NASHVILLE - Total spending in Tennessee's fierce U.S. Senate race between Republican Marsha Blackburn and Democrat Phil Bredesen is nearing the $70 million mark, making the contest the most expensive in state history.
But U.S. Rep. Blackburn and former Democratic governor Bredesen's combined spending of $27.2 million actually accounts for less than half the $68.3 million poured into the battle so far to succeed retiring Republican Sen. Bob Corker of Chattanooga in the Nov. 6 election.
The remaining 60 percent - $41.1 million - comes from Republican and Democratic outsider groups that have spent millions on television, radio and digital ads, as well as direct mail advertising, phone banking and door-to-door canvassing.
Most of the advertising has gone into attack ads in a race that has become a flashpoint in a national struggle over the Senate, where Republicans now have 51 seats compared to Democrats' 49.
As for the candidates themselves, Bredesen's campaign had spent spent $15.2 million up through Oct. 17, while Blackburn's spent $12 million, according to their pre-general campaign disclosure filed with the Federal Election Commission on Thursday.
Bredesen, a self-made multimillionaire, reported loaning his campaign another $2 million on Oct. 19, raising his total personal stake in the race to $7.455 million.
The total $68.3 million spent in the Senate contest now bests the most recent figures from this year's open governor's race between Democrat Karl Dean and Republican Bill Lee to succeed retiring Republican Gov. Bill Haslam.
Their latest filings have made that a $62 million race when spending from the four-person August GOP primary - a free for all in which all four millionaire candidates dipped into their pockets - and the two-person Democratic primary are factored in.
Dean and Lee's last report to the Tennessee Registry of Election Finance before Election Day is due next week.
But the governor's race has attracted comparatively few expenditures by the outside groups. At the federal level, the outsiders are super PACs and politically active nonprofit groups organized under 501(c)(4) and 501(c)(6) provisions of the federal tax code.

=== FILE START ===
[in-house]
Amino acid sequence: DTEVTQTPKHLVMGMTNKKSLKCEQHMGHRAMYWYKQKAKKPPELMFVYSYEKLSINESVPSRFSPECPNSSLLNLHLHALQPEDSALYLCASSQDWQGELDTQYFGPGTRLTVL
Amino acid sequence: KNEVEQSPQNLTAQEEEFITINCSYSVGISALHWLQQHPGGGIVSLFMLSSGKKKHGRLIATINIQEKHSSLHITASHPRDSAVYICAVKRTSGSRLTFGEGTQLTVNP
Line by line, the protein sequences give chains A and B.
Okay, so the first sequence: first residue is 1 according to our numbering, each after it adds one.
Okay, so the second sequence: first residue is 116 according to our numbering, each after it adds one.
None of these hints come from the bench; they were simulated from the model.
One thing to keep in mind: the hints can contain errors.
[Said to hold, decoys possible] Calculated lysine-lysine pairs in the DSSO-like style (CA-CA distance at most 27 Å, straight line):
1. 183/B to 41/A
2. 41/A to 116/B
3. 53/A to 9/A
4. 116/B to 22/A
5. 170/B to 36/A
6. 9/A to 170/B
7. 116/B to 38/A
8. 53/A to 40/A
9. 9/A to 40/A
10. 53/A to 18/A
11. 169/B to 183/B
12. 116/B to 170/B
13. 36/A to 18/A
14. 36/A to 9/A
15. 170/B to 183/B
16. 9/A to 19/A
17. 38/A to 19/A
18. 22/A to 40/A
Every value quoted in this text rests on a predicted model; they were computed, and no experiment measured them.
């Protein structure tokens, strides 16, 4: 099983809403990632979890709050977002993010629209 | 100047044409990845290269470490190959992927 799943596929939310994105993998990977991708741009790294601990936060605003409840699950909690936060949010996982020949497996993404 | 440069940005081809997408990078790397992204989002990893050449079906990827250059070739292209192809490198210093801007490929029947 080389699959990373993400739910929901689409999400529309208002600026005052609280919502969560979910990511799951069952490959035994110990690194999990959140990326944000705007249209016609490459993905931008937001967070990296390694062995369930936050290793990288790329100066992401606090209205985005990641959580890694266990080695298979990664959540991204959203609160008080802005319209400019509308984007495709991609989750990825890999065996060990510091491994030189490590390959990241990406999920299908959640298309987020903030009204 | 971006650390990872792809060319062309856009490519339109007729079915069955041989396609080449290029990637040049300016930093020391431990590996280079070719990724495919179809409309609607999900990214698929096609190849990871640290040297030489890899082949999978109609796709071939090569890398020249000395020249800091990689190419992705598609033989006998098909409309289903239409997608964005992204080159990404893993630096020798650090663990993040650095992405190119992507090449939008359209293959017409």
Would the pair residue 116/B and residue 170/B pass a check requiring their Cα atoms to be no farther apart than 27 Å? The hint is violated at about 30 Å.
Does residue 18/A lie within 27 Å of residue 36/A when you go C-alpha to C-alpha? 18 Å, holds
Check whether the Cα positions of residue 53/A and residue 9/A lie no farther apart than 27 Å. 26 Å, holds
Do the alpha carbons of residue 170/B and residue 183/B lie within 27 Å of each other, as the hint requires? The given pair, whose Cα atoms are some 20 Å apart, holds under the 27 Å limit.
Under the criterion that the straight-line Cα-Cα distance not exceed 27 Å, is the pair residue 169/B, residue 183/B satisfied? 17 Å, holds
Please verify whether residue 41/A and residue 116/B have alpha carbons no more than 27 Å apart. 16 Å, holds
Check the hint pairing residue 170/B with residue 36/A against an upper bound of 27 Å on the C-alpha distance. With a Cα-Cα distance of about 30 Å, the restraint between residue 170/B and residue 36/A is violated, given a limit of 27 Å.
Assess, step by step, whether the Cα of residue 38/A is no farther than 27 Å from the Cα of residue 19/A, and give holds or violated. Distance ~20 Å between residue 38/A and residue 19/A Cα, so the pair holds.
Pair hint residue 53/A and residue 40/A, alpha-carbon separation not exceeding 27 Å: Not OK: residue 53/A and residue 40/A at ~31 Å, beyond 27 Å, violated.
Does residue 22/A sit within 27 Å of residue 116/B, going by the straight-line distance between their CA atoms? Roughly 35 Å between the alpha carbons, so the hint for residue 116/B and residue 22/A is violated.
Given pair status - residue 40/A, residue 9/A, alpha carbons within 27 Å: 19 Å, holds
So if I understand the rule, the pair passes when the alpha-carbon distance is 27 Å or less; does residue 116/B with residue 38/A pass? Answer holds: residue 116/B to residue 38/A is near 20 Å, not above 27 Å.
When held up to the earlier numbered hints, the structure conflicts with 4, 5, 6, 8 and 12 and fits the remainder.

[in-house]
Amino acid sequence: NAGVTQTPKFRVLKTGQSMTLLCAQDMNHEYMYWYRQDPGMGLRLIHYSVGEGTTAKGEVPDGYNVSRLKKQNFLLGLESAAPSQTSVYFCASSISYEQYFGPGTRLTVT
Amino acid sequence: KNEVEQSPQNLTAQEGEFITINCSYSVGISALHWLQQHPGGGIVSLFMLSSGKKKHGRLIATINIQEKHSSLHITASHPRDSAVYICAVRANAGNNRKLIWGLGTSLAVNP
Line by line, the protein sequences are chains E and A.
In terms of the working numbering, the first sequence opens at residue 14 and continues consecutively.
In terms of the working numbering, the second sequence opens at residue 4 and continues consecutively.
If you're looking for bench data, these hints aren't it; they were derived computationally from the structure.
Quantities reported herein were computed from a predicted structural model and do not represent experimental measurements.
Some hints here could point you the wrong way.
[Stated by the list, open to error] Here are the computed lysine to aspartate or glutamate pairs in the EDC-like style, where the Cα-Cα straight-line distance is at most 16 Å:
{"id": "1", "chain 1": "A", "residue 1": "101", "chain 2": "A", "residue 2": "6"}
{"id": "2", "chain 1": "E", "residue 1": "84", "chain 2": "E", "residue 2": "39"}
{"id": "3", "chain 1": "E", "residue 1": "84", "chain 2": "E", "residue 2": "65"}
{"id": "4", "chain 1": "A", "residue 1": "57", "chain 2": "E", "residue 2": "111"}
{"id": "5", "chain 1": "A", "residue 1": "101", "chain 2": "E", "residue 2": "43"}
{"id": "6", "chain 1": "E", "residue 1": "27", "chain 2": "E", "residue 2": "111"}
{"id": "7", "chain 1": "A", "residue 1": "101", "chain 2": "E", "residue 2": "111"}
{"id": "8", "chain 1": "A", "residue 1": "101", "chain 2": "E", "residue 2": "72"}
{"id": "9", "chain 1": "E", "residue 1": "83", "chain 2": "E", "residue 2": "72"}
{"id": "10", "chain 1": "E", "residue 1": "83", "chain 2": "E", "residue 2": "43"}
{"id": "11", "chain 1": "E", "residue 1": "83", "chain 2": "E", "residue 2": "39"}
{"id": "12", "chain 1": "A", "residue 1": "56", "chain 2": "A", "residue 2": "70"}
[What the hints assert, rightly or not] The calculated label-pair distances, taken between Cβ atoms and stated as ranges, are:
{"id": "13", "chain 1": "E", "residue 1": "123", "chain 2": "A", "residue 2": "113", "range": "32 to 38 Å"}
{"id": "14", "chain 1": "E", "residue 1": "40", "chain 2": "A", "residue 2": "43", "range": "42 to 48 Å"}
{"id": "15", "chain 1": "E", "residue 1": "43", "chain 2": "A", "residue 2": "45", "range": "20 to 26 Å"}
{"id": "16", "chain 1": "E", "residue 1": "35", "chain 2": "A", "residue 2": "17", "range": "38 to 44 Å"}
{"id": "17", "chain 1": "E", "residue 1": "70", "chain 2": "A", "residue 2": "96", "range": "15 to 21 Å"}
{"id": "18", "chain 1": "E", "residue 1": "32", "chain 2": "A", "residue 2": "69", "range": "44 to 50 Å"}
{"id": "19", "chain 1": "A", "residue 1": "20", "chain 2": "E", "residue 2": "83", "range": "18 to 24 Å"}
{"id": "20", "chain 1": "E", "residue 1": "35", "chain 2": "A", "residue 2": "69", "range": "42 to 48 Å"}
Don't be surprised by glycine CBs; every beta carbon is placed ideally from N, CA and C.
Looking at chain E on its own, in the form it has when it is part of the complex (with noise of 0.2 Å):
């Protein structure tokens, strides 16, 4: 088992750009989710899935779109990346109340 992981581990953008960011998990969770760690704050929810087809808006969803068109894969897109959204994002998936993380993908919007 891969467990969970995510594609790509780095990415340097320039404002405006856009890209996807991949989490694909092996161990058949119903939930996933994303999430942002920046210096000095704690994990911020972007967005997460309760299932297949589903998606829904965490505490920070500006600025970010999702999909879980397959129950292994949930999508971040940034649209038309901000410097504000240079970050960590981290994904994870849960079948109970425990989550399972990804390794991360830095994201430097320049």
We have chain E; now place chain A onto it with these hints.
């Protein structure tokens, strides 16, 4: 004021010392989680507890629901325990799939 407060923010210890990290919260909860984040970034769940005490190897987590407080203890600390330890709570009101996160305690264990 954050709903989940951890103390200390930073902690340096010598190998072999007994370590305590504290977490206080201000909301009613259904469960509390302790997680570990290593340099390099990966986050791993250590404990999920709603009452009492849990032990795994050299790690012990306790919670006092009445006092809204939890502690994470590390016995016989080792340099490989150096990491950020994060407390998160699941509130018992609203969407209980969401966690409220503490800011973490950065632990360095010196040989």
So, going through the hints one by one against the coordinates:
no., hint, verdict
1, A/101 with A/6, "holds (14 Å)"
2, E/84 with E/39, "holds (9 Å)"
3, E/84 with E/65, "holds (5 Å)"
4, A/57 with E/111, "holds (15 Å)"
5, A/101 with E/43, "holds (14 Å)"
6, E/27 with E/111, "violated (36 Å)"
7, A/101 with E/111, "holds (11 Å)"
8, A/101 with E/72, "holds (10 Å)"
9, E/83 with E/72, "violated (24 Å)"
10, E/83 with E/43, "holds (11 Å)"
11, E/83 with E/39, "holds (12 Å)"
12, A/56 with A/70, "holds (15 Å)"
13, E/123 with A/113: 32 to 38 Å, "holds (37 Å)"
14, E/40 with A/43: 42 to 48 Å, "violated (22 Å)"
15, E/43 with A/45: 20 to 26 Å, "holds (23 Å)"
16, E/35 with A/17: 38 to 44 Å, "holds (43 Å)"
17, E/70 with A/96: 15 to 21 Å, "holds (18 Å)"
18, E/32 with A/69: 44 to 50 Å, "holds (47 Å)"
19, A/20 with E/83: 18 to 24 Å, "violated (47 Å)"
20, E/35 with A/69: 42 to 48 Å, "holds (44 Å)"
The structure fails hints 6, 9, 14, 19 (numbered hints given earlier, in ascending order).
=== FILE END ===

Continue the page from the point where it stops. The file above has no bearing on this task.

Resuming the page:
The 501 organizations don't have to disclose where they're getting their money, thus are referred to campaign finance watchdogs as "dark money" groups.
Both groups have flooded Tennessee's Senate campaign.
The combined 2018 Senate candidates' hauls and outside groups' spending has now beaten the inflation-adjusted spending record from Corker's 2006 race with Democrat Harold Ford that would be $56 million today in inflation-adjusted dollars.
FEC records show independent groups have unleashed $33 million in attack ads, with $18 million of that going to slam Bredesen and $14.9 million hitting Blackburn as each side seeks to undermine the other candidate's support.
That compares to just $8.17 million in ads saying positive things about a candidate they support.
The top independent group spending in Tennessee is the Senate Leadership Fund, a Super PAC which is aligned with Senate Majority Leader Mitch McConnell, R-Ky., who is fighting to hold on to or even improve Republicans' current majority.
The Super PAC has spent at least $12.7 million, most of it attacking Bredesen. Earlier this week, the group dumped another $2.1 million into the contest about the same time Bredesen loaned his campaign another $2 million.
Coming in at No. 2 is Majority Forward, a political nonprofit group that has ties to Senate Minority Leader Chuck Schumer, D-N.Y. The group has spent at least $9.4 million, mostly to attack Blackburn.
In the candidates' own filings, meanwhile, Blackburn this week reported getting nearly $1.2 million from individual donors, bringing her total for the campaign cycle to date to $8.9 million from people.
Bredesen received $1.1 million from individuals, putting his cycle-to-date haul from people at $9.7 million.
Early voting in the race continues through Thursday.
Contact Andy Sher at firstname.lastname@example.org or 615-255-0550. Follow him on Twitter @AndySher1.